New opportunities for pilgrimage in the jet age have put immense pressure on the infrastructure of Mecca. Hundreds have lost their lives during periodic disasters including fires and stampedes, most recently in 2015. Undoubtedly, the Saudi authorities have invested huge sums in continually seeking to improve facilities and the overall management of the Hajj. Hajj organisers and guides I have interviewed compare overseeing the pilgrimage to hosting the Olympics every year.

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Jonathan Eig’s hit job on the character and legacy of Muhammad Ali

Jonathan Eig’s hit job on the character and legacy of Muhammad Ali

Dave Davies, guest-host of NPR’s Fresh Air, introduced his guest and subject this way: 

Muhammad Ali may be the most famous American athlete ever. His life is the subject of books, documentaries and feature films. But our guest, writer Jonathan Eig, says he was surprised to discover no one had ever done a complete, unauthorized biography. Eig spent four years researching Ali’s life, speaking with his three surviving wives, his managers and hundreds of others.

The author, Jonathan Eig, tried to build credibility for his work thus describing it:

Based on more than 500 interviews with almost all of Ali’s surviving associates, and enhanced by the author’s discovery of thousands of pages of FBI records and newly uncovered Ali interviews from the 1960s, this is the stunning portrait of a man who became a legend.

The conclusion of this “meticulous” research, according to Mr. Eig, reveals that Muhammad Ali was “a flawed rebel who loved attention.” 

Here are some basic facts that readers (and listeners) ought to remember. First, Muhammad Ali passed away on June 3rd 2016–just two ago. Second, the book “Ali: A Life” was published October 3, 2017. Third, the author claims that he spend four years researching his subject matter, Ali. This means that work on the book must have concluded sometime late 2016 or early 2017 to allow for the technical review and production of the manuscript. That would suggest that Mr. Eig was doing his research about Muhammad Ali when Ali was alive. But Ali’s perspectives are absent in this work because the author did not sit down with the subject of his book. The book is filled instead with psychoanalytical statements, hyperboles, assumptions, and baseless interpretations intended to smear a figure towering above even those who hated him. Mr. Eig could not have sat face to face with Ali because Mr. Eig is a coward who would like to profit from telling a fake life story about a giant with the courage and sacrifices that no one can dispute–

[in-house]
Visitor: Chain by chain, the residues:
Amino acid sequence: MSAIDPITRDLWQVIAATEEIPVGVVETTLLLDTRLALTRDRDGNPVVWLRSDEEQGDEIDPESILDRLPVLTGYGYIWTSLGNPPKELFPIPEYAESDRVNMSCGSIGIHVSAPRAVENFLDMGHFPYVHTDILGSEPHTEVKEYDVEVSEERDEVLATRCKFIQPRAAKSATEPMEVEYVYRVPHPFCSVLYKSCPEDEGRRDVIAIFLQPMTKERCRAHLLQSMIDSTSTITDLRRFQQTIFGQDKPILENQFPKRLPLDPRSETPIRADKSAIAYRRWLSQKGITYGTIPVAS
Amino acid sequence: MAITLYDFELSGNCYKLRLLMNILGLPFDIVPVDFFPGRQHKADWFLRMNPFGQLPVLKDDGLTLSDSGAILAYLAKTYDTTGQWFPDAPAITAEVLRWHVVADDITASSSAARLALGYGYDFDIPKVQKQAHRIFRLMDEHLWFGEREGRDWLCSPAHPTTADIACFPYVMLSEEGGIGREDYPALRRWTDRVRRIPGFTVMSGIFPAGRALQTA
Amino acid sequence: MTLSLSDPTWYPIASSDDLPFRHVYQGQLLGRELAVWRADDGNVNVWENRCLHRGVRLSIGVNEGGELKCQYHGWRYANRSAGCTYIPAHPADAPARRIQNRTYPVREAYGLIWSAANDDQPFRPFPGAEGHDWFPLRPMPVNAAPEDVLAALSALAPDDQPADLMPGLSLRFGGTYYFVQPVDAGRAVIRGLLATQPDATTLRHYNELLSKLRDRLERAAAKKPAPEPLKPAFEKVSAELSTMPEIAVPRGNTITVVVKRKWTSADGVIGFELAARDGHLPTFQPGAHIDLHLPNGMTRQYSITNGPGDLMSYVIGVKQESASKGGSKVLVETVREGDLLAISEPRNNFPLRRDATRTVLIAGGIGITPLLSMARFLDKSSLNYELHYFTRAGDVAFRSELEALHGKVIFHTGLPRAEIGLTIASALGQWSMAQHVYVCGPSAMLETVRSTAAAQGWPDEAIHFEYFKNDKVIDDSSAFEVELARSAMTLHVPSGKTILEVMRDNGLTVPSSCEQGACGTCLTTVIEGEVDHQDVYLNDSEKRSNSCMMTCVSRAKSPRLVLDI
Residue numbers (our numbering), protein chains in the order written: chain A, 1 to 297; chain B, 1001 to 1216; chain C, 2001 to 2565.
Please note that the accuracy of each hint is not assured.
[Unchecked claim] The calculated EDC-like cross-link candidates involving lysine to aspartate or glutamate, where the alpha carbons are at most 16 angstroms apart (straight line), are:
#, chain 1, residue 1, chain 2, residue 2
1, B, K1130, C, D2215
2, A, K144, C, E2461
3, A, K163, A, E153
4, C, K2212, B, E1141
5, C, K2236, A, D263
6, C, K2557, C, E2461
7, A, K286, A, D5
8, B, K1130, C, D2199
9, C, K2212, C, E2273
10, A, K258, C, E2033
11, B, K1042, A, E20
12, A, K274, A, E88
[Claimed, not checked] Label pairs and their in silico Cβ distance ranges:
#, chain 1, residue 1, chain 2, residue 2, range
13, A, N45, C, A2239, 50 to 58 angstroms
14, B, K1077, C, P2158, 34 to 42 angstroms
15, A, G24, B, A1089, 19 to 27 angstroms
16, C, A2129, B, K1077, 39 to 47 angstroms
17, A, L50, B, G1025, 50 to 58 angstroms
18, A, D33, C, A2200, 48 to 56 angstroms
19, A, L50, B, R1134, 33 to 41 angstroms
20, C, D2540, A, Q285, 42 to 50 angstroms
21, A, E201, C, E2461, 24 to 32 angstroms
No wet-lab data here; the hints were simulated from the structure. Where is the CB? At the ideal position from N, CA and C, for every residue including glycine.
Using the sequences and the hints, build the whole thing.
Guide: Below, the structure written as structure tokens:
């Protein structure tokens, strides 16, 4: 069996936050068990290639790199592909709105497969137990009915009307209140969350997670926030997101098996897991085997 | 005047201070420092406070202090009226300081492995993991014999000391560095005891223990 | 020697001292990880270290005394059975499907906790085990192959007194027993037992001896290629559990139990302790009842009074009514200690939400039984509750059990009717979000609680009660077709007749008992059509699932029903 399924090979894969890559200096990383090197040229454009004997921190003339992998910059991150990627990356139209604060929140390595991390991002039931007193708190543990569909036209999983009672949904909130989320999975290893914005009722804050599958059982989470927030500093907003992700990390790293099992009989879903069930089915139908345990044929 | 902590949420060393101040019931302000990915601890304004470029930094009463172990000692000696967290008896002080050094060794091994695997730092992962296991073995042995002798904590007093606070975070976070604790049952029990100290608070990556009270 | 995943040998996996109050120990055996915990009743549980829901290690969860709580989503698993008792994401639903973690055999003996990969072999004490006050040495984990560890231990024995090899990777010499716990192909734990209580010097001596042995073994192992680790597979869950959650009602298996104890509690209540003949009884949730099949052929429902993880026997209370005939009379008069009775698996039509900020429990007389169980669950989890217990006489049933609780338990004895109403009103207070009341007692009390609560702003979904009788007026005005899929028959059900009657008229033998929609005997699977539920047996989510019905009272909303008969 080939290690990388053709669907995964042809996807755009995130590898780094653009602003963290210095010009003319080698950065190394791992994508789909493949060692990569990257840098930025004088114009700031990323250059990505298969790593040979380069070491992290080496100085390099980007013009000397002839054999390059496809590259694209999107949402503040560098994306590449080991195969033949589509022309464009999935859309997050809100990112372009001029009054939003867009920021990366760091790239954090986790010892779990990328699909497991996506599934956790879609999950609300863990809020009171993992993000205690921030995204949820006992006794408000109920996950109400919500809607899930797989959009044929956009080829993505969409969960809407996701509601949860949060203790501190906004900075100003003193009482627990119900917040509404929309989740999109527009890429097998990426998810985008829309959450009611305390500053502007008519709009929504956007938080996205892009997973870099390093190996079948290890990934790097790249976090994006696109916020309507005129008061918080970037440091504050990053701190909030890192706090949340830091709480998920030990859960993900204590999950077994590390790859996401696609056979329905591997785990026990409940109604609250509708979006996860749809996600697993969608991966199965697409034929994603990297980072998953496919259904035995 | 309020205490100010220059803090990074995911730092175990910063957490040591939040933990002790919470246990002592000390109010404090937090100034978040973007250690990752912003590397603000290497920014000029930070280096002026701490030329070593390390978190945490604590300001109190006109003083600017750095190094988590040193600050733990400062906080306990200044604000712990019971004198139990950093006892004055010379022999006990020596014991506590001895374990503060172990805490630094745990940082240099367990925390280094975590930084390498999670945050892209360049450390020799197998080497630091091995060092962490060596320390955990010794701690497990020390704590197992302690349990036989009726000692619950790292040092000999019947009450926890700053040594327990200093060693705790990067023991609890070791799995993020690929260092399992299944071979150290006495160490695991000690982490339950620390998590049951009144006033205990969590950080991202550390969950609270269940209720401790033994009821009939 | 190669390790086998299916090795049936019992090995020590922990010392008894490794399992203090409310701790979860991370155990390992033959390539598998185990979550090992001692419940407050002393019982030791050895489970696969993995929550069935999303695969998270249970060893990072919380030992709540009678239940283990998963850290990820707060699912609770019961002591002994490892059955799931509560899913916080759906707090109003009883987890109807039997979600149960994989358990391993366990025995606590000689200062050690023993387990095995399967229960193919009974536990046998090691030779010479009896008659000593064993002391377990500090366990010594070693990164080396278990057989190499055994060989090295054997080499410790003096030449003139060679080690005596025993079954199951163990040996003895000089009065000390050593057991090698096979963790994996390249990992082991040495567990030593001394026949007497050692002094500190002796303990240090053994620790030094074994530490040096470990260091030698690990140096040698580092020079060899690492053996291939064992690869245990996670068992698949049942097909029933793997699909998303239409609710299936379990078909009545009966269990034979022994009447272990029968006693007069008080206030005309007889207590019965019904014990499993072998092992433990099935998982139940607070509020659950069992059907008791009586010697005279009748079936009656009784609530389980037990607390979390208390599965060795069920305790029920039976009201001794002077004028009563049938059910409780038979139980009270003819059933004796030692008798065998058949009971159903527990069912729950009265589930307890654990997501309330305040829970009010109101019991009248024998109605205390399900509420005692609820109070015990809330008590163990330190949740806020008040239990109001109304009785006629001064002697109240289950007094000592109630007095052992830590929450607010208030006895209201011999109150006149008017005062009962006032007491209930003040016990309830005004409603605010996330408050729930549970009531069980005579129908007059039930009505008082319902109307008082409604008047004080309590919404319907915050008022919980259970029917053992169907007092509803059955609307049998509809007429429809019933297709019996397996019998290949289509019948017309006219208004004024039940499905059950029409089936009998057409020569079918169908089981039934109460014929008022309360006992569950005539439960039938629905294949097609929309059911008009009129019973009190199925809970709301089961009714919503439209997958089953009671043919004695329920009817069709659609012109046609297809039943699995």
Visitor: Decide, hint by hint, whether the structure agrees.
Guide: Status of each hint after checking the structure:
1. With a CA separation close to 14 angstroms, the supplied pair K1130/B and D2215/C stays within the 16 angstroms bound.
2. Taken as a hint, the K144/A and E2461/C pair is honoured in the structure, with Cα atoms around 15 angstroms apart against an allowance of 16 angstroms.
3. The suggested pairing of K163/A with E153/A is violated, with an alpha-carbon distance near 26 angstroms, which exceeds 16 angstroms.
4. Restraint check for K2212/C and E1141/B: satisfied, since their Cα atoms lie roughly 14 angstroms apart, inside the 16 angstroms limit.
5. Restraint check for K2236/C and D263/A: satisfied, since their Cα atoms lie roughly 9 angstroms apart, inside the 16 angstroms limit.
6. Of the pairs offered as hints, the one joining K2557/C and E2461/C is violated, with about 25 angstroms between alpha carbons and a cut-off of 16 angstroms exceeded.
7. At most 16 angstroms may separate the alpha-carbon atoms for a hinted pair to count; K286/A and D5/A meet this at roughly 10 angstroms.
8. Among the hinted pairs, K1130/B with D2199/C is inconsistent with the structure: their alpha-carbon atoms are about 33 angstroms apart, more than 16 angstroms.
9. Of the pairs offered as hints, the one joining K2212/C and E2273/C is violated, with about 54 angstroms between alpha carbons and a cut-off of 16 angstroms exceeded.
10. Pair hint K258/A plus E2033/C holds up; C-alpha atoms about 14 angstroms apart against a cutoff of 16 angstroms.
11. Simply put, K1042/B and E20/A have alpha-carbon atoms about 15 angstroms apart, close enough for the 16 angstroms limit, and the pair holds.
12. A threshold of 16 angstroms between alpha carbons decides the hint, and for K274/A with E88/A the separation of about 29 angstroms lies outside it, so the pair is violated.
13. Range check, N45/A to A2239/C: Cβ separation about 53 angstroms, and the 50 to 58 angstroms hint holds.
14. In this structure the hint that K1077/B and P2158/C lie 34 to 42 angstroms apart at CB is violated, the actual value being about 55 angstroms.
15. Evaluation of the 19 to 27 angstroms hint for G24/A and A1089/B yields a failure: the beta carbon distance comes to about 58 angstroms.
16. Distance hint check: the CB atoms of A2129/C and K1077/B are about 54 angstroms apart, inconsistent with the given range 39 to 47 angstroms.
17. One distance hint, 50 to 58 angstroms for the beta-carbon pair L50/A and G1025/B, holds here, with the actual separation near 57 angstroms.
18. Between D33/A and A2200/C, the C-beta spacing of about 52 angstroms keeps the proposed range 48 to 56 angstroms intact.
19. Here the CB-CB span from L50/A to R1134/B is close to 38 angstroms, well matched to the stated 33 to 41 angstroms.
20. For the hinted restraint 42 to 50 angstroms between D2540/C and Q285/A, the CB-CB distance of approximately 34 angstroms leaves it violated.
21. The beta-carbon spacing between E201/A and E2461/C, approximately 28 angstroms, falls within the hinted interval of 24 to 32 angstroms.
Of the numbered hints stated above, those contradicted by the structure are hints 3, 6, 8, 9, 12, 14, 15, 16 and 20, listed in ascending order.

after his death.

Neither Ali nor those who loved Ali claimed that Ali was a saint. To write a book telling the readers just that is most telling about the character of the author and to some extent, NPR staff who gave such an opportunist fame seeker space to delegitimatize a symbol of Black Americans’ struggle for dignity and personhood.